If you are interested in owning the actual MTG card artwork that giclée prints originate from, you may be in luck! Artists commissioned for MTG cards often create sketches, color studies, and original paintings as part of their design process. In general, a sketch is a rough drawing containing the main features of an intended final piece. Sketches can be used for multiple reasons, including drafting ideas and outlining a painting. Color studies are created to test different coloring, lighting, composition, and so on. Sketches and color studies assist in finalizing the original painting for a MTG card. While many artists create their MTG card art digitally, some of them do produce traditional sketches and color studies beforehand.
Once a card's art is spoiled for a new set or product, artists have the opportunity to sell their original artwork. For example, Chris Rahn's original painting for Akroma, Vision of Ixidor from Commander Legends sold for $20,100 on November 11th, 2020. While $20,100 is no small sum of money, other original MTG artwork can be purchased at considerably lower prices. In fact, one-of-a-kind sketches and color studies of MTG cards are often sold for under $1,000, and original paintings of MTG cards periodically sell for about $2,000. But where can we find these more affordable pieces of original MTG art?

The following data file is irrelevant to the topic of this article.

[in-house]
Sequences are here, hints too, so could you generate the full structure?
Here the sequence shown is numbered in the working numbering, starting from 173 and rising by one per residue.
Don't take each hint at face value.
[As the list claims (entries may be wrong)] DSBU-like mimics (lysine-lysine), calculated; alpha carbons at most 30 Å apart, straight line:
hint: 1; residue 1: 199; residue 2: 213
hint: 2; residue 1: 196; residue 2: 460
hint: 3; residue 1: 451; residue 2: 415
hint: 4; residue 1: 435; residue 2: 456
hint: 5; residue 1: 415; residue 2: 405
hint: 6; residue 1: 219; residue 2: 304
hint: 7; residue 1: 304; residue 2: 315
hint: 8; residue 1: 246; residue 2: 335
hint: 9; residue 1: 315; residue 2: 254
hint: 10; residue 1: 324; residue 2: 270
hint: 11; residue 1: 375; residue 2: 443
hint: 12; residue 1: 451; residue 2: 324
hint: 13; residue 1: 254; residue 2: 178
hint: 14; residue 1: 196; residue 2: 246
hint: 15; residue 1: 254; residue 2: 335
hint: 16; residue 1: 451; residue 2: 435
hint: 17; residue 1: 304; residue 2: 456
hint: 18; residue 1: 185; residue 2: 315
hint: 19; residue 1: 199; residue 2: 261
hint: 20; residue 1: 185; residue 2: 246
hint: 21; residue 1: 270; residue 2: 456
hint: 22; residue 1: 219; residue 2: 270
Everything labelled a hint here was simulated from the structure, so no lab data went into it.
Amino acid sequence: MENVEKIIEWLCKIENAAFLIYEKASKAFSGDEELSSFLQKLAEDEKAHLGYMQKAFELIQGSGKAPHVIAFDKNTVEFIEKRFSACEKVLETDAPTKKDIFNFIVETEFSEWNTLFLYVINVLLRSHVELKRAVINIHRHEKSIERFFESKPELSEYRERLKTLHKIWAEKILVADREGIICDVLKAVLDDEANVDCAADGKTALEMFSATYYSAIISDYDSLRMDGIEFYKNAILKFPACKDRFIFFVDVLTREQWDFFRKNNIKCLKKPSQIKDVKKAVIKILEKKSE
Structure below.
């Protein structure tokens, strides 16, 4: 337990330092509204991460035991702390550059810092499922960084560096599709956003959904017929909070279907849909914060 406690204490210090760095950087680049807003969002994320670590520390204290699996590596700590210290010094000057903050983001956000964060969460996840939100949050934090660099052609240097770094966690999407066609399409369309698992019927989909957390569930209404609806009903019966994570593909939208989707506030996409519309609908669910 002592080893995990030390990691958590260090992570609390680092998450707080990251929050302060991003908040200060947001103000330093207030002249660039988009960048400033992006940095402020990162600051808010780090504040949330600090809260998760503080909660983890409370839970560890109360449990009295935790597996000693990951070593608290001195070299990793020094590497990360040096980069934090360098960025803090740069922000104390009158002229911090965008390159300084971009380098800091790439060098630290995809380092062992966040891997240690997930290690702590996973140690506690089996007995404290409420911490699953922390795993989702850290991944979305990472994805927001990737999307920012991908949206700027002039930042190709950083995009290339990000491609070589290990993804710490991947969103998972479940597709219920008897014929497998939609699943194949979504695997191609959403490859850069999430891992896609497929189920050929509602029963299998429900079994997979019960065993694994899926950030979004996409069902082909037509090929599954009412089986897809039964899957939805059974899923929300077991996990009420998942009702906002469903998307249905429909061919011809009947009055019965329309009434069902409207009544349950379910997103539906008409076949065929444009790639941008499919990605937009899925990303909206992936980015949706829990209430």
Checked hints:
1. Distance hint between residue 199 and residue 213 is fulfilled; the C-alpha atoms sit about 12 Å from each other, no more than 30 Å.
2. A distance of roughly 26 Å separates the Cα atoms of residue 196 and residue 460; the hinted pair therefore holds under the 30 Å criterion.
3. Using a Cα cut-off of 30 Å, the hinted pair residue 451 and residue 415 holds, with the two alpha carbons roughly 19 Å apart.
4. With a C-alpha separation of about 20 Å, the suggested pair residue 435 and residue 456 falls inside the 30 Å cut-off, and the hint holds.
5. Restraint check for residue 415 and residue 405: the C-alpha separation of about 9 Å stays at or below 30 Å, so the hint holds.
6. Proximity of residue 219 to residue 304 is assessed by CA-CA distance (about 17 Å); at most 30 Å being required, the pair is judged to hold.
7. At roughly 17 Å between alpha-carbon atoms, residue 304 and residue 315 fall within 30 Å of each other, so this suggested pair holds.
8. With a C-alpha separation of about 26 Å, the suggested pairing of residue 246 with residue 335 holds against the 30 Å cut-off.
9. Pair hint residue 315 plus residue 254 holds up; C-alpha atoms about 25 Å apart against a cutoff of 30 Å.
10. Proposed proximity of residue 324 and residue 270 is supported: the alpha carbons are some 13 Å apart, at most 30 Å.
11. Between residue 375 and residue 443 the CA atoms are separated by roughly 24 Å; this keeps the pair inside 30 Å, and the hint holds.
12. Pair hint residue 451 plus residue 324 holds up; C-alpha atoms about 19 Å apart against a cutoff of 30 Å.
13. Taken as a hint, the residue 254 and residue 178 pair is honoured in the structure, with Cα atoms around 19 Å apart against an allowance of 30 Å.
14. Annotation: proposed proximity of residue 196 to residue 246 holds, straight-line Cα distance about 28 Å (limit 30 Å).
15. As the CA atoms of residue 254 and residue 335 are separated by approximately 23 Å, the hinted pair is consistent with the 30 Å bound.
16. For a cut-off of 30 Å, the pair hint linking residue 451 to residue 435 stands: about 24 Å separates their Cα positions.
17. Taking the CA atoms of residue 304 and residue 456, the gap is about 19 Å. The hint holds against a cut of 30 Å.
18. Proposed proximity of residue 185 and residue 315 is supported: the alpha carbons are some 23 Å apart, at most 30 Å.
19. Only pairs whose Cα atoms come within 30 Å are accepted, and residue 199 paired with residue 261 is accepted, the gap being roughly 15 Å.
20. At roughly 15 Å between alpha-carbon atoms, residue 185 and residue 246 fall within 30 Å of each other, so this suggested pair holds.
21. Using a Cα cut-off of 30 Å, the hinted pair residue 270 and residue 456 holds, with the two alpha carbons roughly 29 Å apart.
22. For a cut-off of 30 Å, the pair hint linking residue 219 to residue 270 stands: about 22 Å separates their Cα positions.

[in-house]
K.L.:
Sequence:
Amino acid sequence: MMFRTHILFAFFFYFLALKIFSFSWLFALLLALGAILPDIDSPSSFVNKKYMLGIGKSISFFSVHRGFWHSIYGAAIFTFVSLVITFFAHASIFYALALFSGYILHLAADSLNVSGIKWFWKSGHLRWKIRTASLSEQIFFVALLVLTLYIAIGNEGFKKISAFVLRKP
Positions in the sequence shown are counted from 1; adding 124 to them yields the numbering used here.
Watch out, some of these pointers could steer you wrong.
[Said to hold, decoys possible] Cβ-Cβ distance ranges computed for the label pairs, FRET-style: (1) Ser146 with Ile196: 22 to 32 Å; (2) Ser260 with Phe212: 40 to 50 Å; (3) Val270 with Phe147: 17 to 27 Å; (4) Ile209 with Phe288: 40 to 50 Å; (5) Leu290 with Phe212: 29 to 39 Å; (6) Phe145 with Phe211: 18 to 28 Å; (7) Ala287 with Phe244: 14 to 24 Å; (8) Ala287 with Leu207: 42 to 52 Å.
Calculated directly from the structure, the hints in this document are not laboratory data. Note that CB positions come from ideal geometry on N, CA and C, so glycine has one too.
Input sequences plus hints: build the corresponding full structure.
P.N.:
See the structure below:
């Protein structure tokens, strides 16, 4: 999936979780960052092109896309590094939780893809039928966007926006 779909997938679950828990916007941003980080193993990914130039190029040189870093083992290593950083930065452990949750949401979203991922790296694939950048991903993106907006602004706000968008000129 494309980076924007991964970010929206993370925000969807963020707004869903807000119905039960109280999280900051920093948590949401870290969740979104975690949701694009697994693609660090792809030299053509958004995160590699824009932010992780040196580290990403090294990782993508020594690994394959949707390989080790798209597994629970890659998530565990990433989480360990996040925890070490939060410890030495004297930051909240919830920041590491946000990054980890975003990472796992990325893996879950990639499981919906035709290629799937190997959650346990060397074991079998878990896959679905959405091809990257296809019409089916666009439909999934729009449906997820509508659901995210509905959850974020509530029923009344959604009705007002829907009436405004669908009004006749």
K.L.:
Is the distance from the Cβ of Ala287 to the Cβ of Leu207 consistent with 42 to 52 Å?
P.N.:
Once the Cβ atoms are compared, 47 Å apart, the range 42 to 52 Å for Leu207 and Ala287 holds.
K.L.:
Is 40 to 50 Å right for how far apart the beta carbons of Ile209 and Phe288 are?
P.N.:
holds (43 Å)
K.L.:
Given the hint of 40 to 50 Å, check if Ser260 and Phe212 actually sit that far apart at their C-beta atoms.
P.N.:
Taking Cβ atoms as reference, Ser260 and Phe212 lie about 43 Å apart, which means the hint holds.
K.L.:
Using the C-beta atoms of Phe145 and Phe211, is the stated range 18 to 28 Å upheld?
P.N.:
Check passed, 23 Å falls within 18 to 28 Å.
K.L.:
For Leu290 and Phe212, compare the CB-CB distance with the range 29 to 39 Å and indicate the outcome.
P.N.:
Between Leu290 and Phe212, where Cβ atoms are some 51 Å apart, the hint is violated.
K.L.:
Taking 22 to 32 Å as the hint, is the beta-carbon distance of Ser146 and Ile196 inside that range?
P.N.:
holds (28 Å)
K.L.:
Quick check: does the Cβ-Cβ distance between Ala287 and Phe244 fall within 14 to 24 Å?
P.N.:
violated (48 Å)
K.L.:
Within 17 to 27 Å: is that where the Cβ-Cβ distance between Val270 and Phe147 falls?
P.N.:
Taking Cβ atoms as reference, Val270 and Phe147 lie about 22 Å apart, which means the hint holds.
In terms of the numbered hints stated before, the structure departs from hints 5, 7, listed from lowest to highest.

Perhaps the most well-known place to find original MTG art for sale is eBay. This year, Chris Rahn listed and sold a few original paintings on eBay, including Omnath, Locus of Creation, Tazri, Beacon of Unity, and the Akroma, Vision of Ixidor mentioned above. The selection and prices for original MTG artwork on eBay can vary greatly. You may browse eBay a few times a month and see the same pieces for sale. Other times, there may be a few new original paintings listed. If you're looking for artwork featuring a specific MTG card, eBay is probably not your best choice.